'A mural for preservation'
June 11, 2008 · Updated 11:33 AM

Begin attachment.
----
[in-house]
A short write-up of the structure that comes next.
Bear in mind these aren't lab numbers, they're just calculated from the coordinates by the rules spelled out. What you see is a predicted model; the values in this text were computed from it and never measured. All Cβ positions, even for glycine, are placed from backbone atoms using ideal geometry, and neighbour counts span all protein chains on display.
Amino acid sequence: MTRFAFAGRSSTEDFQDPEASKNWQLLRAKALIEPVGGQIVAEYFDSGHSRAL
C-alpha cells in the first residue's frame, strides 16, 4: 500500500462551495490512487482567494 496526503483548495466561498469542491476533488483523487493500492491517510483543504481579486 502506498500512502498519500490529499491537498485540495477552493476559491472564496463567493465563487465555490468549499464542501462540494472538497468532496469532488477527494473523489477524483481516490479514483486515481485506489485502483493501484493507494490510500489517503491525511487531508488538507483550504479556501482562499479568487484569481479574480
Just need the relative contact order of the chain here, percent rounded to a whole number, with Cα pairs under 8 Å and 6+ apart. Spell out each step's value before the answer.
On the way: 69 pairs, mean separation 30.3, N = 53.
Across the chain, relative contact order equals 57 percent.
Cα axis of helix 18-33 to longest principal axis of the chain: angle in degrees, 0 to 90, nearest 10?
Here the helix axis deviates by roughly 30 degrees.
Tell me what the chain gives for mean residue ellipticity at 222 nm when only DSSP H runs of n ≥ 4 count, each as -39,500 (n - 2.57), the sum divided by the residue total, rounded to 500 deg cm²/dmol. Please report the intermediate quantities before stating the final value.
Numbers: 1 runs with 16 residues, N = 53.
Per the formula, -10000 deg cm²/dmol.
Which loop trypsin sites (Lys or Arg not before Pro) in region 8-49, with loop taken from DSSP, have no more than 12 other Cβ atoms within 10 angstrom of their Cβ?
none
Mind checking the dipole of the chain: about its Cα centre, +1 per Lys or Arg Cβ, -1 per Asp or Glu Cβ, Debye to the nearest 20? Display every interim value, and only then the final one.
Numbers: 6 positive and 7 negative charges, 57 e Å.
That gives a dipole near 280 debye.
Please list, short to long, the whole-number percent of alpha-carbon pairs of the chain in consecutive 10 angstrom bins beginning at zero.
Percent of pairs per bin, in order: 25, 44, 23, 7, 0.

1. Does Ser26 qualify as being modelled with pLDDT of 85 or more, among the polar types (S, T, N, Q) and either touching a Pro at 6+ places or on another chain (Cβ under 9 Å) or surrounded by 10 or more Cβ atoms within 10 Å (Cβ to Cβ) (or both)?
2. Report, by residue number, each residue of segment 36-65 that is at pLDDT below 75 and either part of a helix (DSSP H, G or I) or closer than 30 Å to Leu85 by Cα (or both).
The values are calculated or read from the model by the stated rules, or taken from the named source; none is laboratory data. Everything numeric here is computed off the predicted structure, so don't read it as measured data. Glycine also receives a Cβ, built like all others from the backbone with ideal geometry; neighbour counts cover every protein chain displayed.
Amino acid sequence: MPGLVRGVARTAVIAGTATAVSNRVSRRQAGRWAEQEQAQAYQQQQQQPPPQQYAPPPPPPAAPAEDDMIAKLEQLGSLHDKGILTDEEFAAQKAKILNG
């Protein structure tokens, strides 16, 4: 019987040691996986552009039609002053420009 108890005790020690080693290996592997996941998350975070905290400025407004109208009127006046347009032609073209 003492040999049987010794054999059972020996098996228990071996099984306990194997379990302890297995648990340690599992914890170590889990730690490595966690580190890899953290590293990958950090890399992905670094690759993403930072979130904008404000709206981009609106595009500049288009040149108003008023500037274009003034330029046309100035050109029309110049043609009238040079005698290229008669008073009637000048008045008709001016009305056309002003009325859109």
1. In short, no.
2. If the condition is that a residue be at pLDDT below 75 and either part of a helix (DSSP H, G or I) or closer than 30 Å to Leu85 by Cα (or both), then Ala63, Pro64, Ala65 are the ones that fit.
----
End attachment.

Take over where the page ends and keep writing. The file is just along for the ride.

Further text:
"As you walk along the Clear Creek Trail and observe its beauty, it is easy to overlook the diverse functions of the wetland ecosystem which purifies the water, prevents flood damage and is habitat for hundreds of unique creatures.To encourage visitors to take a second look at the complexities and importance of the Clear Creek wetlands, a group of advanced placement art students and recent alumni from Olympic High School are painting murals which will be displayed in the Clear Creek/Sa'qad Interpretive Center.Clear Creek is in the center of the greatest commercial development in the county - this is a mural for its preservation. We hope the community will take responsibility for keeping it alive, said Megan Kattwig, a senior at Olympic and one of about a dozen students who volunteered about 16 hours this summer to paint the murals.People walk along the trail and come in to watch us work - they're impressed that students are working this late in the summer, said Lorinne Lee, the students' art teacher at Olympic.Students worked on two murals, and a third will be completed in December by Lee's art students. The first two paintings are sectioned into thirds: The top third is a landscape copied from digital photos taken along the creek, and the bottom two portray underwater scenes. The middle section shows examples of the fish which populate the stream, and the bottom shows the insects that make their home in the water.The two murals illustrate different ecosystems within the wetland. One shows a clear, bubbling creek and the other a murky stream with more aquatic plants. Students researched the insects most commonly found in the creek - mayflies, water pennies, spiny crawlers and others - and painted them on the mural.It gave us a chance to show what we can do, to show what art students can accomplish and give back to the community, said Jamie Santillan, a first-year student at the Northwest College of Art in Poulsbo and a 2001 Olympic graduate.The third mural will be a more detailed portrayal of how the wetlands function, Lee said.Eventually, Lee said he wants to make the project interactive, with copies of the the mural posted on a Web site. A Web surfer could click on the insects or fish and link to sites with descriptions of their habitat, behavior and life cycles. There even could be links to video clips of the species in their native habitat.Lee received a Gates Technology Grant, which will enable her students to work on the Web page during the school year.The mural project was funded through a $1,000 grant from the Kitsap Community Foundation. Coreen Johnson, administrator of the Clear Creek Task force, wrote the grant.Our vision (for the interpretive center) is to tell the story of the Clear Creek Valley - to look at the people, the creatures and the plants, Johnson said.She said the center soon will house a computer that will include the interactive mural site. "